The mobile open-source world suddenly has a very major new player, after it emerged on Tuesday that the Symbian, Series 60, UIQ and MOAP platforms are to be merged into an open-sourced platform to rival Google's much-feted Android Open Handset Alliance project.
The major immediate difference for companies that deal with Symbian will be that they no longer have to pay a license fee to the company for using the platform.
Nokia is to buy out the remaining shares in Symbian that it does not already own for $410 million, and it will then contribute Symbian and its own Series 60 (S60) platform to a new not-for-profit organization called the Symbian Foundation. Sony Ericsson and Motorola will contribute the UIQ platform, and NTT DoCoMo will contribute its MOAP platform.
The Symbian Foundation will "make selected components available as open source at launch", Nokia said in a statement. The entire new platform will then be made open source over the next two years under the Eclipse Public License (EPL) version 1.0.
Also joining the Symbian Foundation will be AT&T, LG Electronics, Samsung Electronics, STMicroelectronics, Texas Instruments and Vodafone. That means that almost every member of the new foundation is also a member of the LiMo Foundation, which until now has been the broadest industry collaborative organization in terms of mobile open source. Excepted from this crossover list is AT&T; Nokia and Sony Ericsson are not technically in LiMo, but Ericsson (one of Sony Ericsson's parent companies) and Trolltech (now owned by Nokia) are LiMo members.
Symbian Foundation members that are also involved in the Open Handset Alliance (OHA)--the organization developing the Google-led Android platform--include LG, NTT DoCoMo, Motorola, Samsung and Texas Instruments.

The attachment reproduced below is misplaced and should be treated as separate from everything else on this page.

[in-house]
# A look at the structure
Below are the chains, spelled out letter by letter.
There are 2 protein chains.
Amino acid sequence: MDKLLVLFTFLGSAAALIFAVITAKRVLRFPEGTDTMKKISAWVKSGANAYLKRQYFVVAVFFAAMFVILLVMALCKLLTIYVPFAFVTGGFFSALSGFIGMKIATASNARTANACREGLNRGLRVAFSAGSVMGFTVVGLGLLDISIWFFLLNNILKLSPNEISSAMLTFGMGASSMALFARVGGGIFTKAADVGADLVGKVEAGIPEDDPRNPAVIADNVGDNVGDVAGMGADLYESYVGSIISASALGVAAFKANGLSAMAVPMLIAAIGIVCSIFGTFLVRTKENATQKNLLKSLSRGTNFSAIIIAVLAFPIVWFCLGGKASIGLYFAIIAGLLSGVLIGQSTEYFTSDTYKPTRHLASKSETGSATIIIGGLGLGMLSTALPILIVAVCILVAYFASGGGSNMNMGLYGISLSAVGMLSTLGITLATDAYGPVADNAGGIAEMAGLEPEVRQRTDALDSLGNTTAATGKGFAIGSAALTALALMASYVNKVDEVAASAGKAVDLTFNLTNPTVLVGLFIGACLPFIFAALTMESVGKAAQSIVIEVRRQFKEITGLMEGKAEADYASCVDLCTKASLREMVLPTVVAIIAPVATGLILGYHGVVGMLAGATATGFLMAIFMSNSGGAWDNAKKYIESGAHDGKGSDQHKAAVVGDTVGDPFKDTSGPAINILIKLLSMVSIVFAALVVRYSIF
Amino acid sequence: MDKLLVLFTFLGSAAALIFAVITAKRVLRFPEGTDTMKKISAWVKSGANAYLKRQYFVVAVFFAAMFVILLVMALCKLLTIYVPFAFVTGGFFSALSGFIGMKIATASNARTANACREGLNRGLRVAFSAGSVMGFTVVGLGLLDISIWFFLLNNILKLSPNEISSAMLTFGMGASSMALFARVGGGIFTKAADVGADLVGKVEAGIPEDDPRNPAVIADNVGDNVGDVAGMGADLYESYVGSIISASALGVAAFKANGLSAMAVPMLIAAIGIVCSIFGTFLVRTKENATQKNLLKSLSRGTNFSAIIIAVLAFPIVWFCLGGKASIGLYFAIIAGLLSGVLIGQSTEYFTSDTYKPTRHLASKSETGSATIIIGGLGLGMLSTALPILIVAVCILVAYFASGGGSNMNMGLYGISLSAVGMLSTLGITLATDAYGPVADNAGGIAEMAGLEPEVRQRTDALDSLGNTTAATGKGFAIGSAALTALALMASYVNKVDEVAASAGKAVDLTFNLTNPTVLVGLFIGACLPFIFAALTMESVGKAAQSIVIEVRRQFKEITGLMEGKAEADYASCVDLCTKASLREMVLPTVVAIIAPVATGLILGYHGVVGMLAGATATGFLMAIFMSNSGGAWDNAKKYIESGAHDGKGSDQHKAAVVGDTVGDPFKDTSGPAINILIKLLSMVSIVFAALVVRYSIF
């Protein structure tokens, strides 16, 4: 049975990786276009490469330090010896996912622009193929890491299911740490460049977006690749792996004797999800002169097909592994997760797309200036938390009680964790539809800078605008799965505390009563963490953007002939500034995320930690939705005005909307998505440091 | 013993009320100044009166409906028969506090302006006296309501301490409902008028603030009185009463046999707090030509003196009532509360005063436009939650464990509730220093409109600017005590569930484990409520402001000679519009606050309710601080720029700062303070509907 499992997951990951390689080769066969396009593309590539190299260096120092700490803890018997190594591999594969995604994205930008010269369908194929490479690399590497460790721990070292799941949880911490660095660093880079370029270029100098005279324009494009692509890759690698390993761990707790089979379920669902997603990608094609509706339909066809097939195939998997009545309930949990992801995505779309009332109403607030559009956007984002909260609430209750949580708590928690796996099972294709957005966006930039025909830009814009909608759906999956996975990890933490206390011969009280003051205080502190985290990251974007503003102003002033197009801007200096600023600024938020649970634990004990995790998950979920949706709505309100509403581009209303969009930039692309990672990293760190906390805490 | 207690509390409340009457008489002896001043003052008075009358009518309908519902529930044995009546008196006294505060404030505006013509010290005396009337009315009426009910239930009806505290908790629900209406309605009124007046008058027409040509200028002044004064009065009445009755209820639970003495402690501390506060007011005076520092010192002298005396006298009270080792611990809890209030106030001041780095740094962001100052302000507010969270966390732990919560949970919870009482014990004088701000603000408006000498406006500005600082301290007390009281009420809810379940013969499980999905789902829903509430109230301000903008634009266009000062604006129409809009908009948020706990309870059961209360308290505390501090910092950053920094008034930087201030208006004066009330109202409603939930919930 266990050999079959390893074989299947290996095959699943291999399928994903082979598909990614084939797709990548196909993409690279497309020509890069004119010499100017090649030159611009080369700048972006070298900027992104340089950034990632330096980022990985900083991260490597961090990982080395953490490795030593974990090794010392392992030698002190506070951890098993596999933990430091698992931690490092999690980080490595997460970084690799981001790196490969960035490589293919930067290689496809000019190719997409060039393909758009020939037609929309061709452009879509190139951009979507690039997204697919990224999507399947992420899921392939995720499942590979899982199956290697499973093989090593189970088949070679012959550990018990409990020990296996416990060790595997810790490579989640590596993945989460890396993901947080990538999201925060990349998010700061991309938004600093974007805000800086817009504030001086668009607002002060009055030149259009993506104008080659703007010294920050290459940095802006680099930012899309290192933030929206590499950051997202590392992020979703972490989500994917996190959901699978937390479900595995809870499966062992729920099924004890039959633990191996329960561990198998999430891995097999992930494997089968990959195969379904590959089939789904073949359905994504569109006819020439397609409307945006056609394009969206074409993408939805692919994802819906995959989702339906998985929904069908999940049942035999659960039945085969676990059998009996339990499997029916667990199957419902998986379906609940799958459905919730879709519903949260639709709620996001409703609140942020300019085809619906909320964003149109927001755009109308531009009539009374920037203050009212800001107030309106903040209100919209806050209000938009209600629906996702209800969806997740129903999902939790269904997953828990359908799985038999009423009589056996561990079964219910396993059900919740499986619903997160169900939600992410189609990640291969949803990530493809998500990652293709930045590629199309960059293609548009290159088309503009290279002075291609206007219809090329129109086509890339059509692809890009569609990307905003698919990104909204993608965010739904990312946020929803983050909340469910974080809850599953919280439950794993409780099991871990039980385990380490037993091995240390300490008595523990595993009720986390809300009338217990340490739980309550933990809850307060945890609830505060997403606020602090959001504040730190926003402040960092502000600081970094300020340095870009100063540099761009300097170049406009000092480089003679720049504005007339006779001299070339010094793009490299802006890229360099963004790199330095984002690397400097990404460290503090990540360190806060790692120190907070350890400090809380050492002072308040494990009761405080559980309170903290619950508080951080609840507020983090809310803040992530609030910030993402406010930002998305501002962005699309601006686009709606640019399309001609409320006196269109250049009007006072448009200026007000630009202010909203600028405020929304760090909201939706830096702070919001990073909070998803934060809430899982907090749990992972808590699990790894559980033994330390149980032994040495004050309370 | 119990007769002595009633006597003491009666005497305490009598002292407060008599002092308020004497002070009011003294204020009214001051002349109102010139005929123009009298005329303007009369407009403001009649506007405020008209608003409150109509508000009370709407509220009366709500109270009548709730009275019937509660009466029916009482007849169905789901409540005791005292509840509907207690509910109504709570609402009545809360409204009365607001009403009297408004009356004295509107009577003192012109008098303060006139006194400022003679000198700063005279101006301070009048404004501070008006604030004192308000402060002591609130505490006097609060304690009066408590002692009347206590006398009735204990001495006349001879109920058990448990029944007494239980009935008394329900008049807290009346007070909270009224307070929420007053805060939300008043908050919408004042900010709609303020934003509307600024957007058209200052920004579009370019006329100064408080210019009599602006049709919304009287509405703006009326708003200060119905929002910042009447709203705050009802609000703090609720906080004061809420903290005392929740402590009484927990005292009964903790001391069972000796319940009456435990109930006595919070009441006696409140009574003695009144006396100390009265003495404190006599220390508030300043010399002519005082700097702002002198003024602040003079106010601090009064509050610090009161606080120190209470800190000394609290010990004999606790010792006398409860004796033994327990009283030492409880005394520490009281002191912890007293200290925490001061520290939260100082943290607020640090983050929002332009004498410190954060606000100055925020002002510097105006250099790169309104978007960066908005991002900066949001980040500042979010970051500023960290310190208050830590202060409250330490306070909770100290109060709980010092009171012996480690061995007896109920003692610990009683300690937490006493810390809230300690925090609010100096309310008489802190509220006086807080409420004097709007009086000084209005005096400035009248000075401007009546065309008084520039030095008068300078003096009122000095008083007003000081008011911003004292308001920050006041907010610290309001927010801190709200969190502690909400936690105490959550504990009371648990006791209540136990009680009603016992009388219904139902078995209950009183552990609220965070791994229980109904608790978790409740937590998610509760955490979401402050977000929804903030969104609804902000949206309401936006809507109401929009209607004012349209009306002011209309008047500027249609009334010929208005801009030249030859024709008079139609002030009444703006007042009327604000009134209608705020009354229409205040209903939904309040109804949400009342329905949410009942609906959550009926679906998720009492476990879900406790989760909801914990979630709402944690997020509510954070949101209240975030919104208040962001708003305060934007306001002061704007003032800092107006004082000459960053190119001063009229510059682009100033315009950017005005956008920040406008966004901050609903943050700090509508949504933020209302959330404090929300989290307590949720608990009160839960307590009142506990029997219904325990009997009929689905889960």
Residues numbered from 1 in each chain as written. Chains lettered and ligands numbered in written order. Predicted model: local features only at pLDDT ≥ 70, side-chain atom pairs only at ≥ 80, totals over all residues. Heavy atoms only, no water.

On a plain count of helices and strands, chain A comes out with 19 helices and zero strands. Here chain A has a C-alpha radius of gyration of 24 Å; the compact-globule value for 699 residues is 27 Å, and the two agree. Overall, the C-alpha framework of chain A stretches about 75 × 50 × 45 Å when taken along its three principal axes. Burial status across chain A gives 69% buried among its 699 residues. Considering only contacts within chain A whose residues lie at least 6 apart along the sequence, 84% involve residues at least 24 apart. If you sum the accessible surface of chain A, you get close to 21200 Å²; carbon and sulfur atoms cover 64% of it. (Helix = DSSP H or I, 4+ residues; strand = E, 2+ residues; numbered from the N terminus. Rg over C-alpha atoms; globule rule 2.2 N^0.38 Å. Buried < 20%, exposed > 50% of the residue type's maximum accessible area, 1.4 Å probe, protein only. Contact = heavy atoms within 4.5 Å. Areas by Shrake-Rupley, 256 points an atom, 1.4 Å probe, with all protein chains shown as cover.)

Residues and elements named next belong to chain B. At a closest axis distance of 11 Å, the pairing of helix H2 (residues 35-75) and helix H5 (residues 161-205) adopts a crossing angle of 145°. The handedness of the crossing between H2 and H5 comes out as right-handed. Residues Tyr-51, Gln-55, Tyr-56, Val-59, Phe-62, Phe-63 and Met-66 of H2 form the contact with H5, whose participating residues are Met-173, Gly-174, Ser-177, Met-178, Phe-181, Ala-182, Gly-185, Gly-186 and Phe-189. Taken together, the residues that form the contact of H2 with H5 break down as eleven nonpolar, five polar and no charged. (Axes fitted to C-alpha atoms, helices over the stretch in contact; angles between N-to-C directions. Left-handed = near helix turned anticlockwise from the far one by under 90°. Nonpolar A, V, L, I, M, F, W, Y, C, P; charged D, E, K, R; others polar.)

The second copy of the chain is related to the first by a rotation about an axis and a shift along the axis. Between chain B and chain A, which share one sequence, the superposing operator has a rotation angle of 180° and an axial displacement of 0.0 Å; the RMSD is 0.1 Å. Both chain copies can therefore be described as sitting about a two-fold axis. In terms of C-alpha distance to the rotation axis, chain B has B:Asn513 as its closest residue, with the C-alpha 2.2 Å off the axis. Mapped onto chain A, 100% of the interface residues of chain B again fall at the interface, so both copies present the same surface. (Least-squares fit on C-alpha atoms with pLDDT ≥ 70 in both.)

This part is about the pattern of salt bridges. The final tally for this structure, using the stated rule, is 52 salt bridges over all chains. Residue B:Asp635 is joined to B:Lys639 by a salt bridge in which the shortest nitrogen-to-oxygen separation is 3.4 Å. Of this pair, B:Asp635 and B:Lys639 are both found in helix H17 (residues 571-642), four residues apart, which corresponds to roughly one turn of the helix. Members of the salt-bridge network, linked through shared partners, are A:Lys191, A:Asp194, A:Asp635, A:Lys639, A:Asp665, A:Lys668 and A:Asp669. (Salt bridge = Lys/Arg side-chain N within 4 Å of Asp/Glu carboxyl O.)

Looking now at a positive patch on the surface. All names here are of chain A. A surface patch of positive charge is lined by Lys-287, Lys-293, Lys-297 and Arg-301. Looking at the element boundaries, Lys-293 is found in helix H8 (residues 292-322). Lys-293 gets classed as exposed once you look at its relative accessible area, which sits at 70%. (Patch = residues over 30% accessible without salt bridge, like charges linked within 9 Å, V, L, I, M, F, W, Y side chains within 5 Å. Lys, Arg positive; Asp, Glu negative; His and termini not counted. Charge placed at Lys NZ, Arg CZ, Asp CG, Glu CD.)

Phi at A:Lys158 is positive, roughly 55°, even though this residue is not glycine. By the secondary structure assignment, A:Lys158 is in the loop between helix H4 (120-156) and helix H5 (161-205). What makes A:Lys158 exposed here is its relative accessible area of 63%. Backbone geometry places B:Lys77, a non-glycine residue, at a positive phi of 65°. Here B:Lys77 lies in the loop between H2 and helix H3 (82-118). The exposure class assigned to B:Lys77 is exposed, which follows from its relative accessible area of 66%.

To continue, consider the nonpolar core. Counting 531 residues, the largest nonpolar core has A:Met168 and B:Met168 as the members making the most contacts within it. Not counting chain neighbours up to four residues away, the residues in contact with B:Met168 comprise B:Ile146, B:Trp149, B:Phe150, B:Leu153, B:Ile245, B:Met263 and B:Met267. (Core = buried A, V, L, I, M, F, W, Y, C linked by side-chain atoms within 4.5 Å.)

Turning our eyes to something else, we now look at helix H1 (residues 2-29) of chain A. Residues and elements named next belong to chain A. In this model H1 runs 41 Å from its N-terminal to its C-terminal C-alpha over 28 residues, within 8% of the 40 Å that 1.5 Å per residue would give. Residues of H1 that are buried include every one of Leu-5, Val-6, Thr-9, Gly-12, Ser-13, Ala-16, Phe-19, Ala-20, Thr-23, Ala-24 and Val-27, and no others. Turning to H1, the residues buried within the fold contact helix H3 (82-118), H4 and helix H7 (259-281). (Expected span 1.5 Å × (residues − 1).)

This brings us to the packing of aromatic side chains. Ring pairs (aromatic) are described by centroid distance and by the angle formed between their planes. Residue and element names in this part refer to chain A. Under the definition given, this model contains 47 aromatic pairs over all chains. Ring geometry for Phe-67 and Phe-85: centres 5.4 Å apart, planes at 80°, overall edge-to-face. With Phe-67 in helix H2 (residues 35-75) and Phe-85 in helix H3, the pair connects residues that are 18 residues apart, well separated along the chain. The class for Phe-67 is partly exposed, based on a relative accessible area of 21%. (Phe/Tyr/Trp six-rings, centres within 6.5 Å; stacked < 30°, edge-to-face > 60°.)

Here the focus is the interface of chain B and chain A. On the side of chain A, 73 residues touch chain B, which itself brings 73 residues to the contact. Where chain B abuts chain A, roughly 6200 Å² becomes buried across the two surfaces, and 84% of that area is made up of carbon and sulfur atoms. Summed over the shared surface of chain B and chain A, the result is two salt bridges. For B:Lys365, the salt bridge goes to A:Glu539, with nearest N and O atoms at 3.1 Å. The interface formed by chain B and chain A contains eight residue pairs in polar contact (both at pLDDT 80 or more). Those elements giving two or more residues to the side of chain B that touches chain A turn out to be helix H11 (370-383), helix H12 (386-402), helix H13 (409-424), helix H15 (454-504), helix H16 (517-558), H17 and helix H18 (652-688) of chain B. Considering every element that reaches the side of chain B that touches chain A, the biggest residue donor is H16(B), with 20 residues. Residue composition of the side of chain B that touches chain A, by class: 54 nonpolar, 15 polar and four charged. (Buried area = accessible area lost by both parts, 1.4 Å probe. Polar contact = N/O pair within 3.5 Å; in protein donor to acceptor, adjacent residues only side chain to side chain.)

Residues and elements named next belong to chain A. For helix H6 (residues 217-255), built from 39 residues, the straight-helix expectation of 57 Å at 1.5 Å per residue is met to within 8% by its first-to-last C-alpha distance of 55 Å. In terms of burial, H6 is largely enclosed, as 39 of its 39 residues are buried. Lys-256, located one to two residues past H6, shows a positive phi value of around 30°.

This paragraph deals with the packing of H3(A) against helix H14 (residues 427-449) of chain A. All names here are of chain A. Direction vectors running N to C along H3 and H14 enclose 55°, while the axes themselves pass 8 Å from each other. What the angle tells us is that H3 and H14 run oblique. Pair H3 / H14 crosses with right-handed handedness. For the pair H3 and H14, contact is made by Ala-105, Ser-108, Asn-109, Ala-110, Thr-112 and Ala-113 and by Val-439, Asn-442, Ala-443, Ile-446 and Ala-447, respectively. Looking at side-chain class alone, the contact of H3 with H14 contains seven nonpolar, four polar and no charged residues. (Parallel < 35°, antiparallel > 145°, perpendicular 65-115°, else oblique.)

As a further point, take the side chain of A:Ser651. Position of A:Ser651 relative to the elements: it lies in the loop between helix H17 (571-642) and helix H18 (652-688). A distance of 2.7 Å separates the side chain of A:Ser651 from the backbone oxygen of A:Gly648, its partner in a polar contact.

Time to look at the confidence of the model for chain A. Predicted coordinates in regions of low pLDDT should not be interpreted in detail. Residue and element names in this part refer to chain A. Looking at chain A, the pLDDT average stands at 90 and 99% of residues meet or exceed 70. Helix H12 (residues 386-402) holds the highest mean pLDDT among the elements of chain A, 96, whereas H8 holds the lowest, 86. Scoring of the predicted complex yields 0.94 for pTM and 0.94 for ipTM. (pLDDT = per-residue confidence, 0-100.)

"Ten years ago, Symbian was established by far-sighted players to offer an advanced, open operating system and software skills to the whole mobile industry", said Symbian chief executive Nigel Clifford on Tuesday. "Our vision is to become the most widely used software platform on the planet, and indeed, today, Symbian OS leads its market by any measure."
Nokia chief executive Olli-Pekka Kallasvuo said the establishment of the new foundation was "one of the biggest contributions to an open community ever made". It is not yet clear how Trolltech, the open-source software company that Nokia recently bought, will play into Nokia's new project. It is also not yet clear how the open-source community will react to the new Symbian Foundation platform, given Nokia's recent statements about Linux developers needing to learn more about the reality of the business world.
"Nokia is a strong supporter of open platforms and technologies, as they give the freedom to build, maintain and evolve applications and services across device segments and offer by far the largest ecosystem, enabling rapid innovation," said Kallasvuo. "Today's announcement is a major milestone in our devices software strategy."
Gartner analyst Carolina Milanesi told ZDNet.co.uk on Tuesday that there "was not any hint" beforehand that Tuesday's announcement was going to take place, although it was not a surprise in the light of Android's probable success. Regarding the involvement of so many Symbian Foundation members in rivals like LiMo and the OHA, she said it was likely that those players were looking to use the new Symbian super-platform and Android at "different points in their portfolio".
"The difference here between Android and what Symbian is trying to do is Google is not in [the Symbian Foundation], and the business model around the [new] platform is likely going to be different. Working with Google and their ad-funded scenario might be seen [by operators and vendors] as a threat," Milanesi said.
Milanesi dismissed LiMo as a major factor in the establishment of the new Symbian Foundation, saying it had "so far has proven to be a PR machine than has been unable to deliver consistency across the Linux platform".
Asked whether the Symbian Foundation spelled the end for UIQ--the Symbian-based user interface (UI) that had, until Tuesday's announcement, been controlled by Sony Ericsson--Milanesi said the UI might still prove to be a differentiating factor for certain handsets, now that the Symbian platform was to be open sourced and thus used more commonly by many manufacturers and operators.